Judge rules insurance must pay for medical marijuana
A New Jersey Worker’s Comp judge orders Freehold Township to pay for a Township employee’s medical marijuana. This is a powerful precedent set by Judge Lionel Simon.
Marijuana is a controlled substance
Judge Simon ruled against an insurance carrier who refused to pay for a claimant’s prescription for medical marijuana. The insurance carrier citing that medical marijuana is a schedule I drug under federal law.
After the claimant, Mr. McNeary was injured on the job he went through multiple surgeries and had a pain management physician who prescribed an opioid, which McNeary built a tolerance for.
The judge was aware of the federal law prohibiting the use of marijuana in pain management because it is classified as a Schedule I drug. The insurance company argued that New Jersey Medical Marijuana Act is in conflict with federal law. A case in Maine had held it was constitutionally impermissible for a court to order an insurance company to pay for something in conflict with federal law.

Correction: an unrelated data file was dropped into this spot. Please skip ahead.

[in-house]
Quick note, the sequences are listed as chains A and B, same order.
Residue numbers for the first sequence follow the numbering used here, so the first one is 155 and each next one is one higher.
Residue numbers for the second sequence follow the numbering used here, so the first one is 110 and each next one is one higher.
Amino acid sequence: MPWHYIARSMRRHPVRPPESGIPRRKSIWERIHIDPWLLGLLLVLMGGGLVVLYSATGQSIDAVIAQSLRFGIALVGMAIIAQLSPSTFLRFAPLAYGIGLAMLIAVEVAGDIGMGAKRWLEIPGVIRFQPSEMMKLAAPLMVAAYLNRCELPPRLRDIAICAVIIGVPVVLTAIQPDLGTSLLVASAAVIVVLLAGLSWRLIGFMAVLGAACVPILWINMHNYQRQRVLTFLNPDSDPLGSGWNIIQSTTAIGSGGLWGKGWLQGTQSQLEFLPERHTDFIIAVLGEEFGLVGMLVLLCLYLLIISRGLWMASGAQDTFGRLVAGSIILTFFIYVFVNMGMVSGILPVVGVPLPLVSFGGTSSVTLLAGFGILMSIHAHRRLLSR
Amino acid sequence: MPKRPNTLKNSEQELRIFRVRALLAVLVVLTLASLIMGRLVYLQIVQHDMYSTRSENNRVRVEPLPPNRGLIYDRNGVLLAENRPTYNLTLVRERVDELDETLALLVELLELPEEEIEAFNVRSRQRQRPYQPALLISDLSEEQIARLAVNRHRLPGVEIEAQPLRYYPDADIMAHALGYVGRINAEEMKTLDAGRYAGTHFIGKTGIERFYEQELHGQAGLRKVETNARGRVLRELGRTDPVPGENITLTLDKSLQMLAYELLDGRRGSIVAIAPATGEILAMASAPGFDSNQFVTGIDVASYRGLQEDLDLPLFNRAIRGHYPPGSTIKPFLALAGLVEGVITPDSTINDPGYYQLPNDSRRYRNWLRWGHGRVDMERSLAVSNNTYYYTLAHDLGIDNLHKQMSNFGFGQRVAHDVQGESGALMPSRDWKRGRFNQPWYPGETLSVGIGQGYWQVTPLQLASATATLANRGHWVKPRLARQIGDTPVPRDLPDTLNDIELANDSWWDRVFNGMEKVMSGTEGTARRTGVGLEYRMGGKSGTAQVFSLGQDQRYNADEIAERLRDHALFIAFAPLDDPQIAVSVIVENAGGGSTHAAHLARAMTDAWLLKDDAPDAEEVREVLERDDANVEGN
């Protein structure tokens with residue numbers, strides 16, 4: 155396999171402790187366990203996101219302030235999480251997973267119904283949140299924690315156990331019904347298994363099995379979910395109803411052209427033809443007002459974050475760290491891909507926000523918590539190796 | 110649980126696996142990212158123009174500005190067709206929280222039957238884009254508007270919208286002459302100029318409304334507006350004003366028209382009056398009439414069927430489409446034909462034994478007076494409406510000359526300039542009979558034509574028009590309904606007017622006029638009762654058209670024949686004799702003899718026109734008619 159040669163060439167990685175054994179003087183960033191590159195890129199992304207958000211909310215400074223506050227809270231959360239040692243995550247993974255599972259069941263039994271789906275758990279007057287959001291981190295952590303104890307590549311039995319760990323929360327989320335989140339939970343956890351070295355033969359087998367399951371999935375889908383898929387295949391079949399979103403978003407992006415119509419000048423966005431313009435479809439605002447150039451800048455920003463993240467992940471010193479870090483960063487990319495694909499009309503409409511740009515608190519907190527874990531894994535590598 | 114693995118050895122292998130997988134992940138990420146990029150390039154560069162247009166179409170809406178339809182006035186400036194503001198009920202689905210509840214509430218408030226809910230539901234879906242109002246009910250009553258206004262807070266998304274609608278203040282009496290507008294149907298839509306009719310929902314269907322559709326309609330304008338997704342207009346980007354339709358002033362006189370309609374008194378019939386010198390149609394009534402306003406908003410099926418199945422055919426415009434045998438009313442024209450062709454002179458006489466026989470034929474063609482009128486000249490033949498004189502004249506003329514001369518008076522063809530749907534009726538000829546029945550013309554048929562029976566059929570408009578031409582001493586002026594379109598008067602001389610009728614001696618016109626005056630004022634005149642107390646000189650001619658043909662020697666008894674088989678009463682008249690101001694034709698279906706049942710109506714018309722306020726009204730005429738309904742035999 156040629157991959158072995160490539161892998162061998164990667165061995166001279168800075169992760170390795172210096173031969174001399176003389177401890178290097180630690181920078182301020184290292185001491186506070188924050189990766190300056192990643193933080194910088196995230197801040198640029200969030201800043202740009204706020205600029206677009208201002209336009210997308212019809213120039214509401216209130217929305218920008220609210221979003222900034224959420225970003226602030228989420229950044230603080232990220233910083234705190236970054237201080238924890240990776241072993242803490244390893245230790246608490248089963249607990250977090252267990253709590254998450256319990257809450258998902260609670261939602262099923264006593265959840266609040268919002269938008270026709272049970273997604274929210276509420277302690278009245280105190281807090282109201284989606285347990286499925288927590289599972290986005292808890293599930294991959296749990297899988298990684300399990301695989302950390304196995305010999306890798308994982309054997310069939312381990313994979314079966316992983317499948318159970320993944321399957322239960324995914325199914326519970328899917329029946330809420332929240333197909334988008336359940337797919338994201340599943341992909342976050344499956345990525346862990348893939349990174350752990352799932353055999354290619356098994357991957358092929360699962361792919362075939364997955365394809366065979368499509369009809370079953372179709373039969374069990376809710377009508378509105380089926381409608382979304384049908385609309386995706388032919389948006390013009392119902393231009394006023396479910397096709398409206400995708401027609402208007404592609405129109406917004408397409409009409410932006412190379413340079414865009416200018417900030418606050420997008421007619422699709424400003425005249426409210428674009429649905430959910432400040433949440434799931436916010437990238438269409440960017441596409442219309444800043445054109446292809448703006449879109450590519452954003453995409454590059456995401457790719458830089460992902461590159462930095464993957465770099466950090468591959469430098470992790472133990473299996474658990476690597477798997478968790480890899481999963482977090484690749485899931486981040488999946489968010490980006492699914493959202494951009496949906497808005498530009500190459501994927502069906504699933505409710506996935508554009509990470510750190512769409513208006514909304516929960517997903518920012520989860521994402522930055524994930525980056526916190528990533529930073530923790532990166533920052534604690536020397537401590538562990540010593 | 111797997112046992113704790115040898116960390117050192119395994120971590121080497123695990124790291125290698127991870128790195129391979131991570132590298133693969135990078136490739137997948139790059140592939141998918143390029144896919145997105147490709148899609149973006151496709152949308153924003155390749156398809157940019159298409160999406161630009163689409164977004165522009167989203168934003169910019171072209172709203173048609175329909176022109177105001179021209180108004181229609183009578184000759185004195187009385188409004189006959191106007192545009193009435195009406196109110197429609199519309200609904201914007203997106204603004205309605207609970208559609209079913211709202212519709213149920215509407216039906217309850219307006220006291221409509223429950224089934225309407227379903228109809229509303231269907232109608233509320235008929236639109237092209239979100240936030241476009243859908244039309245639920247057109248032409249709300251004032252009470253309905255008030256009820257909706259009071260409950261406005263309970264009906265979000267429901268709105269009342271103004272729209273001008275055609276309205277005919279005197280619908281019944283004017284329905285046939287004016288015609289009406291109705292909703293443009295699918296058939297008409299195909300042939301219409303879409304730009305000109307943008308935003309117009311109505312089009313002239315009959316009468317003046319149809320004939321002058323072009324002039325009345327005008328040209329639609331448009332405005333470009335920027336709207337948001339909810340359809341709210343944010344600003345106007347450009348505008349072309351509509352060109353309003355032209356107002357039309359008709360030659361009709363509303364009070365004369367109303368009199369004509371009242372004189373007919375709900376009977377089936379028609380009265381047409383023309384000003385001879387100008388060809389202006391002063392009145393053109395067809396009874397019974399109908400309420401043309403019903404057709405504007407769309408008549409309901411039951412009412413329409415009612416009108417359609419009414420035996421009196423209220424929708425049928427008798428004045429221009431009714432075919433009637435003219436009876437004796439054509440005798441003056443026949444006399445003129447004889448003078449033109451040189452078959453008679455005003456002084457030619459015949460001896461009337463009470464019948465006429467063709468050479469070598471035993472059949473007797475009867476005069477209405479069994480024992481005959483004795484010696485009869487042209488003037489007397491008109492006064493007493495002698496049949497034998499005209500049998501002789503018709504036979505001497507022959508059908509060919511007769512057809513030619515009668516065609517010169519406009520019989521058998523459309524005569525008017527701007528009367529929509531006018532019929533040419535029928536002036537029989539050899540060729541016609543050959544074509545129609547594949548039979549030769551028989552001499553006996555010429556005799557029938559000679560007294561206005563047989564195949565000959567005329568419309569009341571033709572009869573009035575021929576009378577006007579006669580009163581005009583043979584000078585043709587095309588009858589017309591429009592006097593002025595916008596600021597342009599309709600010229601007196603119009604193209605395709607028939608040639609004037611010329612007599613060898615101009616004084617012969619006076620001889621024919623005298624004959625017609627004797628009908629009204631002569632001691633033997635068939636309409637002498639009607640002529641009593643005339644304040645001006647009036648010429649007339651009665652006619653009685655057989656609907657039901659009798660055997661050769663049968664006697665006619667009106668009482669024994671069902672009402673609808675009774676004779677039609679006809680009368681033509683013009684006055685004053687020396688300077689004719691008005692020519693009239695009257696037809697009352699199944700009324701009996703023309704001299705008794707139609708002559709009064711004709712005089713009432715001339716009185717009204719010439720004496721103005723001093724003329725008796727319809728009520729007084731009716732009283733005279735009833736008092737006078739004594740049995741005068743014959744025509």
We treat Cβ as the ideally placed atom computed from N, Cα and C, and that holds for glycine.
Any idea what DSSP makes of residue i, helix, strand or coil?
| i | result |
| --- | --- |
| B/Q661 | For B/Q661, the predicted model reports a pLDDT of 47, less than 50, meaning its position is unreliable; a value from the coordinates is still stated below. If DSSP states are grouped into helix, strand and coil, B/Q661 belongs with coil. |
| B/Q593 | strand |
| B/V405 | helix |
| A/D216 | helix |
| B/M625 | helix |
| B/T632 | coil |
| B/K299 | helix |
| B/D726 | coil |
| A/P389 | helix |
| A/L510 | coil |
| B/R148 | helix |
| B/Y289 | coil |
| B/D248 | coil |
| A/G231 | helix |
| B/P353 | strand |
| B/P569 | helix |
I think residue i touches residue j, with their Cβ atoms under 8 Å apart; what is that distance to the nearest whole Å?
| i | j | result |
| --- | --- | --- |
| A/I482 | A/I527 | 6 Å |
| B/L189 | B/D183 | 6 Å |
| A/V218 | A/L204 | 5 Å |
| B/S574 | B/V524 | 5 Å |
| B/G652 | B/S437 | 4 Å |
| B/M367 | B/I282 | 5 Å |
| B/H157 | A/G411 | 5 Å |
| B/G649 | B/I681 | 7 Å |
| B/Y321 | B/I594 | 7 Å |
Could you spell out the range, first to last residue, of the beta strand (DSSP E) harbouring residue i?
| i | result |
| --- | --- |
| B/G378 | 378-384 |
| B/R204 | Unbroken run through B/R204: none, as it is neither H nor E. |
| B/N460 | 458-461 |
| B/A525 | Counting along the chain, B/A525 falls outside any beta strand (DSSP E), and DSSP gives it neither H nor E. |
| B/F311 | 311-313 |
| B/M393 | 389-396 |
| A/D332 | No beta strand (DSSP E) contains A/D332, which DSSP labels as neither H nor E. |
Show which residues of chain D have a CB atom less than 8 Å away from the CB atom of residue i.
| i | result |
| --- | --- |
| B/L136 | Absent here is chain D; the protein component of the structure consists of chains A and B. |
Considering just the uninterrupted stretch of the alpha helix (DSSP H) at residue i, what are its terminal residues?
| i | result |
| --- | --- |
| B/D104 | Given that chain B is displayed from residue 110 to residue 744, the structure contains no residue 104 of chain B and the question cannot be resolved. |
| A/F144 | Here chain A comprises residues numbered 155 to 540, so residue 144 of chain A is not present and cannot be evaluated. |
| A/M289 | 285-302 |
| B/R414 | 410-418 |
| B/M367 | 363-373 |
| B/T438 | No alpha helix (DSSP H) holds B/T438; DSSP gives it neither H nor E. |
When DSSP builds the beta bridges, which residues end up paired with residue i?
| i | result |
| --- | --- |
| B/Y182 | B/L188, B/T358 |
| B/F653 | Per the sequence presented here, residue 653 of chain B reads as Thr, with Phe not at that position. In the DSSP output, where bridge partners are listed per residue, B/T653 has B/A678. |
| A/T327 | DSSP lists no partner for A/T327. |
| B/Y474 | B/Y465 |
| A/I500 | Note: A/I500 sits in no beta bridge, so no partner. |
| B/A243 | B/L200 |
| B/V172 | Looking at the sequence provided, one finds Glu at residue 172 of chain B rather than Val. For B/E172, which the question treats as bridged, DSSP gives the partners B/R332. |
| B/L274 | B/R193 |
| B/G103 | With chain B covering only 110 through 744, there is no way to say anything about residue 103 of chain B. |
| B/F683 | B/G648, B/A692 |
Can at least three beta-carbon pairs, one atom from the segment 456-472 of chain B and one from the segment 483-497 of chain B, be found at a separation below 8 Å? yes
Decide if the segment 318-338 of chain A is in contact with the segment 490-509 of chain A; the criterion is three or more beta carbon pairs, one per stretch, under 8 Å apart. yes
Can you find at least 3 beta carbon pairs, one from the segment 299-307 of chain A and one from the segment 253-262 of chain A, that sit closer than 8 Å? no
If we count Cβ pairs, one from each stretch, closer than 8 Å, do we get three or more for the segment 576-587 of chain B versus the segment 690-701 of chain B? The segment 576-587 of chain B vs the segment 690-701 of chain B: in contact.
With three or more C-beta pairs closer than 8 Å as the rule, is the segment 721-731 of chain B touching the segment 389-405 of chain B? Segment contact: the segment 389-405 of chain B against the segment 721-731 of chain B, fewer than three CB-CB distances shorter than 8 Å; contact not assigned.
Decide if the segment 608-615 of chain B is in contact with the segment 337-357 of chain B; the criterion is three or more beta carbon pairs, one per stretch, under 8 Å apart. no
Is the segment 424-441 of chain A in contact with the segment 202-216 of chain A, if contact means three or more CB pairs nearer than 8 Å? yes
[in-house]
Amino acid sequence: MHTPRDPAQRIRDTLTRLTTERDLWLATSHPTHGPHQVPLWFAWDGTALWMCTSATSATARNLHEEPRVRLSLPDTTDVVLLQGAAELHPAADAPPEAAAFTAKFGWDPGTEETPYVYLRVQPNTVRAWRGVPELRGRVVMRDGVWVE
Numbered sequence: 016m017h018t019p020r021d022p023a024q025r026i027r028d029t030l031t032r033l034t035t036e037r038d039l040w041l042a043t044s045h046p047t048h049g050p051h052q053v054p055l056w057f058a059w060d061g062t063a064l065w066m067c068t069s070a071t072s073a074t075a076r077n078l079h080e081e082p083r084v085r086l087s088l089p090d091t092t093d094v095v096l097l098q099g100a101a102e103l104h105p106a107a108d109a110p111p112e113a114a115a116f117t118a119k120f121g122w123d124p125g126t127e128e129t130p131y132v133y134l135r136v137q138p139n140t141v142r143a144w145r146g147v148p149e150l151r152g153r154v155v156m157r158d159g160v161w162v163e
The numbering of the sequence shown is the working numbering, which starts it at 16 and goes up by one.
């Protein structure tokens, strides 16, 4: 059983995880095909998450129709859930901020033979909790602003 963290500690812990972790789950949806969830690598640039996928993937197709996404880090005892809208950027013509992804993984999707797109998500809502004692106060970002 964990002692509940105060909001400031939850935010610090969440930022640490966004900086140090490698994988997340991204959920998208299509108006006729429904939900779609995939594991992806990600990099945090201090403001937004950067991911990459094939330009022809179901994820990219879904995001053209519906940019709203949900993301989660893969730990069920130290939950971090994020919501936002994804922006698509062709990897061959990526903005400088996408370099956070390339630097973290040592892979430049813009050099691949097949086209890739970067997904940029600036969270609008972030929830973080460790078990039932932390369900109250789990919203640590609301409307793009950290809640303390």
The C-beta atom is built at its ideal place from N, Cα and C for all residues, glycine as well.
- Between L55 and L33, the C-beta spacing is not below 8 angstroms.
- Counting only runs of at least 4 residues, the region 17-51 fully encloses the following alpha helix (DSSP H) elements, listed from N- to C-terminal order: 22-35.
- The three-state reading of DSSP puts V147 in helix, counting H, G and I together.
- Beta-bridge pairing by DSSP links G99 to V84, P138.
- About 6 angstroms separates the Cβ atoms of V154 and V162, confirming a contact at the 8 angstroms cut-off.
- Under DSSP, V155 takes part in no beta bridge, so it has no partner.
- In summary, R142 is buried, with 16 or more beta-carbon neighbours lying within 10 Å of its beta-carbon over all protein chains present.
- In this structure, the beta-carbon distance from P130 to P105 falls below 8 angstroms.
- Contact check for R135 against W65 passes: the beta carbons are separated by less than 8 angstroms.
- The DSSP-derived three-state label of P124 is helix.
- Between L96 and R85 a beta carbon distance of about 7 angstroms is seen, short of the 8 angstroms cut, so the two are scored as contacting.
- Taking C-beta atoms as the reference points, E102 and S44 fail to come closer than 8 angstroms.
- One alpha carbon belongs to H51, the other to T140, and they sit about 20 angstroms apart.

Moral vs. Legal obligation
Judge Simon in his 17-page transcript did not feel “any moral or legal hesitancy” in permitting a less addictive treatment for pain. And stated that Worker’s Compensation statute is social legislation which “changes with the times”
Simon continued in his statement “If there’s anything criminal here, it’s how these drugs (opioids) have been force-fed to injured people creating addicts.”
Marijuana not an illicit narcotic
Judge Simon was a former prosecutor and while he supports state and federal narcotic laws, he doesn’t feel that an employer paying for an inured employees medical marijuana “is in any way complicit with the distribution of illicit narcotics.”
These cases will play a significant role in resolving the conflict between state and federal laws when it comes to legitimizing marijuana use and the cannabis industry.